“Brands need to do things that build trust and reliance, just like you would in interpersonal relationships,” says Josh Ives, the VP of Customer Experience Management and Strategy at Samsung Electronics America. Josh has always been interested in the relationship between marketing and services.
Josh’s passion for understanding what brands mean to people steered him into a career where he was able to impact how customer service and customer experience affects the relationship with the end consumer. In this episode, I talk to Josh about what customer experience leadership looks like in a large, multi-service organization like Samsung.
Assess the Work to be Done and Focus
Josh previously worked at tech-related companies like Apple and Electronic Arts, and was excited about the opportunity to work at Samsung, a tech company that provides multiple services to consumers. Upon starting his new role at Samsung, like all CX and high-level leaders, Josh had to assess the work that needed to be done. Here’s what assessing the work to be done looked like in his first year:
In thinking about the customer journey and how to appeal to his customer base, Josh started by painting a big-picture journey of a consumer who starts with Samsung at various touch points. Whether you’re talking about a phone, a TV, a refrigerator, or a washing machine, it’s critical to understand where are the experiences that make them want to stick with the brand or not stick with the brand. Then, it’s important to try to identify data sources to understand what consumer behaviors are and whether or not the consumer feels better about Samsung after some of these experiences.
Present the Customer Experience Story to Leadership
Since Josh’s position was new and he was recruited by the CEO of the US region at the time, he already had some support behind his team’s CX implementation. The CEO and the C-Suite had a vision that enabled this work to be done. Once in the role, Josh spent a lot of energy finding ways to put more of the decision-makers across the organization in front of real customer experiences.
Josh put together a program that was called Care Academy internally at Samsung. The goal of this program is to have the top execs spend a day in the shoes of a customer service agent in a call center, and to also ride along with someone who’s doing repairs in the field. This immediately reminded me of my conversation with Christine Corbett, the CCO of Australia’s Postal Service. Christine and her team successfully created a similar internal program in order to assess pain points in the delivery service for Australia’s postal customers; it’s always helpful when the C-Suite can connect to the frontline and get closer to the customer experience. Similar to Christine, Josh found that the Care Academy was helpful in driving quicker decision-making and change among leadership.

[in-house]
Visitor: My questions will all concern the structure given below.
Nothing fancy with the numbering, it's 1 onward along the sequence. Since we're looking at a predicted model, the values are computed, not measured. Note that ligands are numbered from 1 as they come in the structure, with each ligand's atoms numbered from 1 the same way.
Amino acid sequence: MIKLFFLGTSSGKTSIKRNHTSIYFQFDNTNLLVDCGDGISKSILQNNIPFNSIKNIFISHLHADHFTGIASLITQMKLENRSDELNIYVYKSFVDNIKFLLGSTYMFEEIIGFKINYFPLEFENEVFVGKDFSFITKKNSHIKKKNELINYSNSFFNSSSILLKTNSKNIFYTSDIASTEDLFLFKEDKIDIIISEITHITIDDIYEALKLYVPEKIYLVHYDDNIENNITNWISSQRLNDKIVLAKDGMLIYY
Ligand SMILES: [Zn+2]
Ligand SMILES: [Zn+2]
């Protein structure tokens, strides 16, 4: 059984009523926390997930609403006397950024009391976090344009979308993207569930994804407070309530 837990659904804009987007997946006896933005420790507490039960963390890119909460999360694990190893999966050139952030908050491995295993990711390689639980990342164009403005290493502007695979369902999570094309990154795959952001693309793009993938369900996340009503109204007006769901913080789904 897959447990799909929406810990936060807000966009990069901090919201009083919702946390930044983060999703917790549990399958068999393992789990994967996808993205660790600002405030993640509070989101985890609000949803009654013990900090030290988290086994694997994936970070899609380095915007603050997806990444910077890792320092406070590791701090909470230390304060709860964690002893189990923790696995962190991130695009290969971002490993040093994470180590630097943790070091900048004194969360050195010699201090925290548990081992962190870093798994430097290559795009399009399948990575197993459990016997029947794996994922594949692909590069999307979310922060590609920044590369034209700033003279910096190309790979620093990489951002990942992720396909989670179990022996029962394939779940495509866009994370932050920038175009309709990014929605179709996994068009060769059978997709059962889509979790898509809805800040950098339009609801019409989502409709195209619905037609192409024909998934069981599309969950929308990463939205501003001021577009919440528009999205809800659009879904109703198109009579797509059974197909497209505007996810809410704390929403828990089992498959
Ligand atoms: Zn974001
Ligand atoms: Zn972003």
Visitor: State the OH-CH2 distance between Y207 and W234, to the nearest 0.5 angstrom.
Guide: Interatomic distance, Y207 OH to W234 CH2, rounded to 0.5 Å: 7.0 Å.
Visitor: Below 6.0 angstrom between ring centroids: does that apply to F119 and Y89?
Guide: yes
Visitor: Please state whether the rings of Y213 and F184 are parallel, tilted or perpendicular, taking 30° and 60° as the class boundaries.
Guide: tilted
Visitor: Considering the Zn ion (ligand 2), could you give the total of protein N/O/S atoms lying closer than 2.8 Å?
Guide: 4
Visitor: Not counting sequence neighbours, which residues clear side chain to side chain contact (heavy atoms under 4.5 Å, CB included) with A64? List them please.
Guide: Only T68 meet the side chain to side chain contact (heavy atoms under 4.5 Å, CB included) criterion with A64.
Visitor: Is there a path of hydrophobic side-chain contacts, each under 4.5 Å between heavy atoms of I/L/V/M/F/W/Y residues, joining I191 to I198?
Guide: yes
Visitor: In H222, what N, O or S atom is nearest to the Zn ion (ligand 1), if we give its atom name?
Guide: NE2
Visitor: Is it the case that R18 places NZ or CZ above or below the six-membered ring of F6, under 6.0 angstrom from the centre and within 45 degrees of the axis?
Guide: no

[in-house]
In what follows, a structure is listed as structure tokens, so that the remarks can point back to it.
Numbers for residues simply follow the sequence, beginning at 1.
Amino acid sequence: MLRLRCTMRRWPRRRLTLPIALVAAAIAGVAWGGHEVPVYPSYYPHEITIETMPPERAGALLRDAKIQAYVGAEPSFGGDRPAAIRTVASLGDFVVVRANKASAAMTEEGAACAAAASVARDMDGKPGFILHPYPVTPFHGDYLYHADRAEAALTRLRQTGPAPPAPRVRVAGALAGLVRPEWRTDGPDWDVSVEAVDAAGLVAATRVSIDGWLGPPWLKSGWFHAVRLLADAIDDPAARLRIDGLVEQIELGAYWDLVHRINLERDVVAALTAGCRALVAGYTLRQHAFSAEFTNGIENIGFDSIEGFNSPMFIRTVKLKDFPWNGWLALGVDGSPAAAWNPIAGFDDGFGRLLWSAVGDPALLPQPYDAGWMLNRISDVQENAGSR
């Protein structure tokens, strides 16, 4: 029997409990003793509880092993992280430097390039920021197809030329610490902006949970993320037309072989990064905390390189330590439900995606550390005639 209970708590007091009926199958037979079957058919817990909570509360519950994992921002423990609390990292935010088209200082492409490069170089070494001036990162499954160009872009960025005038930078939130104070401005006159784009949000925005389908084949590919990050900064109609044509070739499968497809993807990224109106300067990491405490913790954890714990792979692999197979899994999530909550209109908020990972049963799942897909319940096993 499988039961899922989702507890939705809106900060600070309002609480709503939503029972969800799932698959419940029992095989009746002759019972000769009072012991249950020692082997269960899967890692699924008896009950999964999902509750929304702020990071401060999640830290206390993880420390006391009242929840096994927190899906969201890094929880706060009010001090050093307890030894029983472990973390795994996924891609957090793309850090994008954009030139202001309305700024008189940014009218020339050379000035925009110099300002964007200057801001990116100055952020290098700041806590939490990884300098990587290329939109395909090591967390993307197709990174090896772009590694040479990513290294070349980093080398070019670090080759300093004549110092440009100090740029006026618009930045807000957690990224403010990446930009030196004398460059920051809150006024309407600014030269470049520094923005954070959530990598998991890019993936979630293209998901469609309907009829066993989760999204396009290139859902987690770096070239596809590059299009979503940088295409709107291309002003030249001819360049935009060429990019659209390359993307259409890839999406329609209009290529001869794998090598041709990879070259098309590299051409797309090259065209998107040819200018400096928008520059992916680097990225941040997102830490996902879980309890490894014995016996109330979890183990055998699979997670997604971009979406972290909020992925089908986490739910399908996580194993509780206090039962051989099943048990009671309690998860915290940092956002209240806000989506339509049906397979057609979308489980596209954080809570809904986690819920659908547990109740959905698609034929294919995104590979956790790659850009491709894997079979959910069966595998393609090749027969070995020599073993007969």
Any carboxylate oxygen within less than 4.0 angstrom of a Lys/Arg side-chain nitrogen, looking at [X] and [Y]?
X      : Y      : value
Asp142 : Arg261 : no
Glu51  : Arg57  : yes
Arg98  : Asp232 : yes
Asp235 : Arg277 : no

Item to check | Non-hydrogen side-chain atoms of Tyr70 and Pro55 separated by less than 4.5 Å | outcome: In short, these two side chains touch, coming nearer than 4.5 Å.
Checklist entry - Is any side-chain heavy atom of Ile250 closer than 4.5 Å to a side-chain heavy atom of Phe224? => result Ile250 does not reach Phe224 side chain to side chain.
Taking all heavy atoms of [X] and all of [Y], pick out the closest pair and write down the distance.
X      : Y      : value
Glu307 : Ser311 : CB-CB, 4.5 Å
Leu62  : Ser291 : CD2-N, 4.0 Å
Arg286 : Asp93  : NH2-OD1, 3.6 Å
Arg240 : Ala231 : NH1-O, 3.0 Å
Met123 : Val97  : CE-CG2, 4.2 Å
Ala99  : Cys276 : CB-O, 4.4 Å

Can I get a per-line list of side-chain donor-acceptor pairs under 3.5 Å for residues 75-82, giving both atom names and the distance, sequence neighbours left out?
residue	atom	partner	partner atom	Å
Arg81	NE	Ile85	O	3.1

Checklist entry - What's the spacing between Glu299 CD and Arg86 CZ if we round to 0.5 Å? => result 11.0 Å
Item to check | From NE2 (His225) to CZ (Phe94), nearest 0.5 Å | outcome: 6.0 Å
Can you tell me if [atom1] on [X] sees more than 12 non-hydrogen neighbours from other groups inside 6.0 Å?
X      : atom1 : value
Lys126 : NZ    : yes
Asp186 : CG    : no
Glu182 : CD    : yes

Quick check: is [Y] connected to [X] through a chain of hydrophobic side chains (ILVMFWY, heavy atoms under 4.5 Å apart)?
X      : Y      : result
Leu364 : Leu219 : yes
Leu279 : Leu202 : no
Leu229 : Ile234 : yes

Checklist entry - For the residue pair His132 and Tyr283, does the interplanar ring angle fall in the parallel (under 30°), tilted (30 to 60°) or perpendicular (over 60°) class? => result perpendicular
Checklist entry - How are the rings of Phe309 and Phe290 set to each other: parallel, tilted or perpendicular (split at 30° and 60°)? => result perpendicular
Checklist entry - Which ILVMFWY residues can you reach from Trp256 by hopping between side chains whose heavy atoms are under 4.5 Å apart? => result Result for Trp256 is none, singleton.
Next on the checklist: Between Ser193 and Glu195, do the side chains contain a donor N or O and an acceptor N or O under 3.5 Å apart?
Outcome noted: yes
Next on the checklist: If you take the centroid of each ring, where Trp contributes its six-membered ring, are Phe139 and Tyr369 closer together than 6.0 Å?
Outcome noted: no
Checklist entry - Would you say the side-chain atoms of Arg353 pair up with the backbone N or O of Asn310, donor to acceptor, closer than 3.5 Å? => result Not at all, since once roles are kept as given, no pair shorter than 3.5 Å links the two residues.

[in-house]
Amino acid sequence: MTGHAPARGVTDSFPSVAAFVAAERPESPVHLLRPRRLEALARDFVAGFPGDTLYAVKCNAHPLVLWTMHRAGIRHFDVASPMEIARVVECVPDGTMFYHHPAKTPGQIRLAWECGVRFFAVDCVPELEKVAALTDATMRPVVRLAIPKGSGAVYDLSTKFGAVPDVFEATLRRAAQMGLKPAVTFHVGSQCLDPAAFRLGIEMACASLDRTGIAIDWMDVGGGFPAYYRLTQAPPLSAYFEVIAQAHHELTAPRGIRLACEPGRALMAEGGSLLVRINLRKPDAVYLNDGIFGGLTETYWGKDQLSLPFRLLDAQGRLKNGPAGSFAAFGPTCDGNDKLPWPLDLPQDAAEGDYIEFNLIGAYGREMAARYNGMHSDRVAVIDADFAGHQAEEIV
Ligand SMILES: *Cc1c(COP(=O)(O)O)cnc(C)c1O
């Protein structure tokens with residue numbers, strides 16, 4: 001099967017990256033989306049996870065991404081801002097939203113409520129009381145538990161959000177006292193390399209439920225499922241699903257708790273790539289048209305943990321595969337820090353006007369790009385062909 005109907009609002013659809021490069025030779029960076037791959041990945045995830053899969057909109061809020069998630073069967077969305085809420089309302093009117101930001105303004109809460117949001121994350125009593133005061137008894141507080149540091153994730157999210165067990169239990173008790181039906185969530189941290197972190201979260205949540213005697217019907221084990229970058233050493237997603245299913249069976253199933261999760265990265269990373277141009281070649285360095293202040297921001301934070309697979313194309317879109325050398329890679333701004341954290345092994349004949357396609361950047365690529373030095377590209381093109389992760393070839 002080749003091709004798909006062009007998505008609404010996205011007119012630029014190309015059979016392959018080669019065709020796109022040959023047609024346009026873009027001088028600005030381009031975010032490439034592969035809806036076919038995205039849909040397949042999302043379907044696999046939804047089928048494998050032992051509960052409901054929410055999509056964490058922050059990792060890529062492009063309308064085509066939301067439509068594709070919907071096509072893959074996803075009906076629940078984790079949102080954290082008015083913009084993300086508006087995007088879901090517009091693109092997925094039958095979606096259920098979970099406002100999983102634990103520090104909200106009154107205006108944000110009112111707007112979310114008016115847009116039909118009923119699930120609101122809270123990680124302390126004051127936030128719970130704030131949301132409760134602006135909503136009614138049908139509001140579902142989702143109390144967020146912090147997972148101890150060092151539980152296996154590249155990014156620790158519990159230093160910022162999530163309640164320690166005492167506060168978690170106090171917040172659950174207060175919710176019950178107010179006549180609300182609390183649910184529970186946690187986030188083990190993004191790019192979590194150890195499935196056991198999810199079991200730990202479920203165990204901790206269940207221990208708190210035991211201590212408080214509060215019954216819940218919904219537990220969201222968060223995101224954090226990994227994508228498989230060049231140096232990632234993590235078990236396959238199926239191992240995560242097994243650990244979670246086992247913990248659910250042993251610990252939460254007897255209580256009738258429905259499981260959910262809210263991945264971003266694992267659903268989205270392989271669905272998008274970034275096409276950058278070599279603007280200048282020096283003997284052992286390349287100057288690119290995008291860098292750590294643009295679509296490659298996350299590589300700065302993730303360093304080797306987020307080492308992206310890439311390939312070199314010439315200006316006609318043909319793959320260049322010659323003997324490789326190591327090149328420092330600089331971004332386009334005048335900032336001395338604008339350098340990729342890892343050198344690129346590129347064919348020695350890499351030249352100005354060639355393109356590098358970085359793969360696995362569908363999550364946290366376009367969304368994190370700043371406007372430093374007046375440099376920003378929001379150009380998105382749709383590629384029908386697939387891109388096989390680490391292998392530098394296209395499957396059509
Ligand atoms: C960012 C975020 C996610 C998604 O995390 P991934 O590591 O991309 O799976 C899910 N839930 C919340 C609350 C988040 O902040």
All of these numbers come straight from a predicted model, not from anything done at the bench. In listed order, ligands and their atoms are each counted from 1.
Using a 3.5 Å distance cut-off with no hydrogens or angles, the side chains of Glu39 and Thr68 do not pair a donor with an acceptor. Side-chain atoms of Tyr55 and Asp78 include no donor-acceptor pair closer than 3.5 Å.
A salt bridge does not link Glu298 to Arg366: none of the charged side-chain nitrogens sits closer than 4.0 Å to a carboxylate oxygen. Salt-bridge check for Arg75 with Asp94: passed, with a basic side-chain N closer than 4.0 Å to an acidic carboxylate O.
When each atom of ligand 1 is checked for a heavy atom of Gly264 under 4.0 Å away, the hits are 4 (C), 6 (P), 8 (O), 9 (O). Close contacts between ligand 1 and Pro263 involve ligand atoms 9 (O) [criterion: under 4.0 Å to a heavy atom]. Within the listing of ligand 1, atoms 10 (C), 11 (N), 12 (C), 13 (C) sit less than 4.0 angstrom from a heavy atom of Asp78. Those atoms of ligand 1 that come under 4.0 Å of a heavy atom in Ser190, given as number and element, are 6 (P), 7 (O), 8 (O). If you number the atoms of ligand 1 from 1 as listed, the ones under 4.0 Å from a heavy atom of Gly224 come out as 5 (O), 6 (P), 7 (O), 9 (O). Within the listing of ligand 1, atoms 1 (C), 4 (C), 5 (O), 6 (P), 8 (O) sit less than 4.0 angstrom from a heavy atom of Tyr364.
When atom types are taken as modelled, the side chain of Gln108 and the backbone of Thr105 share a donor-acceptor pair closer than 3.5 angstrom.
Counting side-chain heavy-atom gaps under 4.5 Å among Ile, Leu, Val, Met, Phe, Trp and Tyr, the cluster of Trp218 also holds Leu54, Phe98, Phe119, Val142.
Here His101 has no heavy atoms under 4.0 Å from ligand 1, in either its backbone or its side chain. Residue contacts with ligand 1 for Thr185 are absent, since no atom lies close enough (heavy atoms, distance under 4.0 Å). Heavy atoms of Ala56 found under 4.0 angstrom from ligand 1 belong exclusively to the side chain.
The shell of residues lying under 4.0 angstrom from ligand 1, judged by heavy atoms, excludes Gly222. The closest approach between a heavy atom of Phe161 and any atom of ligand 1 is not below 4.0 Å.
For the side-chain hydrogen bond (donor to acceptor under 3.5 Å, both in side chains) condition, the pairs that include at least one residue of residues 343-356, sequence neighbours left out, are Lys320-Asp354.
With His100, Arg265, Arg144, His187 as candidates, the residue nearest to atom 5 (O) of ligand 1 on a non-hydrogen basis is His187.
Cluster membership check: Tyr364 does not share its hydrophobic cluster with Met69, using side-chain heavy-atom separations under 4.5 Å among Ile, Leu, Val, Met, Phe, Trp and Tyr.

Develop a Recovery Service Model and Seek Solutions
Samsung was under heavy pressure after recalls of the Samsung Galaxy Note 7 last summer, when the phones would unexpectedly catch fire. Josh claims that this was a successful recall for Samsung because they recalled 100% of the product. They relied a lot on partners, marketing, PR, and other departments involved with the recall in order to develop and disseminate clear messaging around how to provide the best experience for customers a part of this recall.
When it comes to service recovery and crisis management, ensure that all teams involved with the customer experience are aware of the solutions and messages to communicate. To Josh, it was important that the customer service team was clear on how to solve this problem with customers. “We will always seek to provide a solution, not an answer,” says Josh. Often, leaders get caught up in reputation management and dealing with the problem on a high level, but you can’t forget about the frontline as they’re the team who engages with your actual asset, the customers!
What do You Know NOW That You Wish You Knew THEN
- Learn the organization, seek out the people on your team and on other teams that have been there for a long time, and glean from them what are the ways that gets the work done at that company because every company has a slightly different way of getting things done.
- Spend more time understanding the organization and why things are the way they are. Learn the different way things are done, which may be differently than what you’re used to.
- Don’t come into places with a mindset that, “Well, I was brought in here to make all this change.” Yes, you may have been, but you really need to learn first.
About Josh Ives
Once described as ‘the marketing guy who thinks he’s a service guy,” Josh Ives is bringing a fresh perspective to the nature of customer care at Samsung Electronics in North America where he serves as the Vice President, Customer Experience Management overseeing the team responsible for the majority of the company’s interactions with consumers.
Since joining Samsung, Josh has been instrumental in changing the way consumers across North America not only interact with the electronics maker on a daily basis, but how they view the brand. His primary goal is one of ensuring the company takes care of customers in a way that lives up to its brand promise.
Josh spent the early part of his career serving as a customer experience consultant, working with a variety of brands and organizations, including Apple Inc., Goldman Sachs, Credit Suisse, MMC, TIME Inc., National Geographic and Rodale Publications.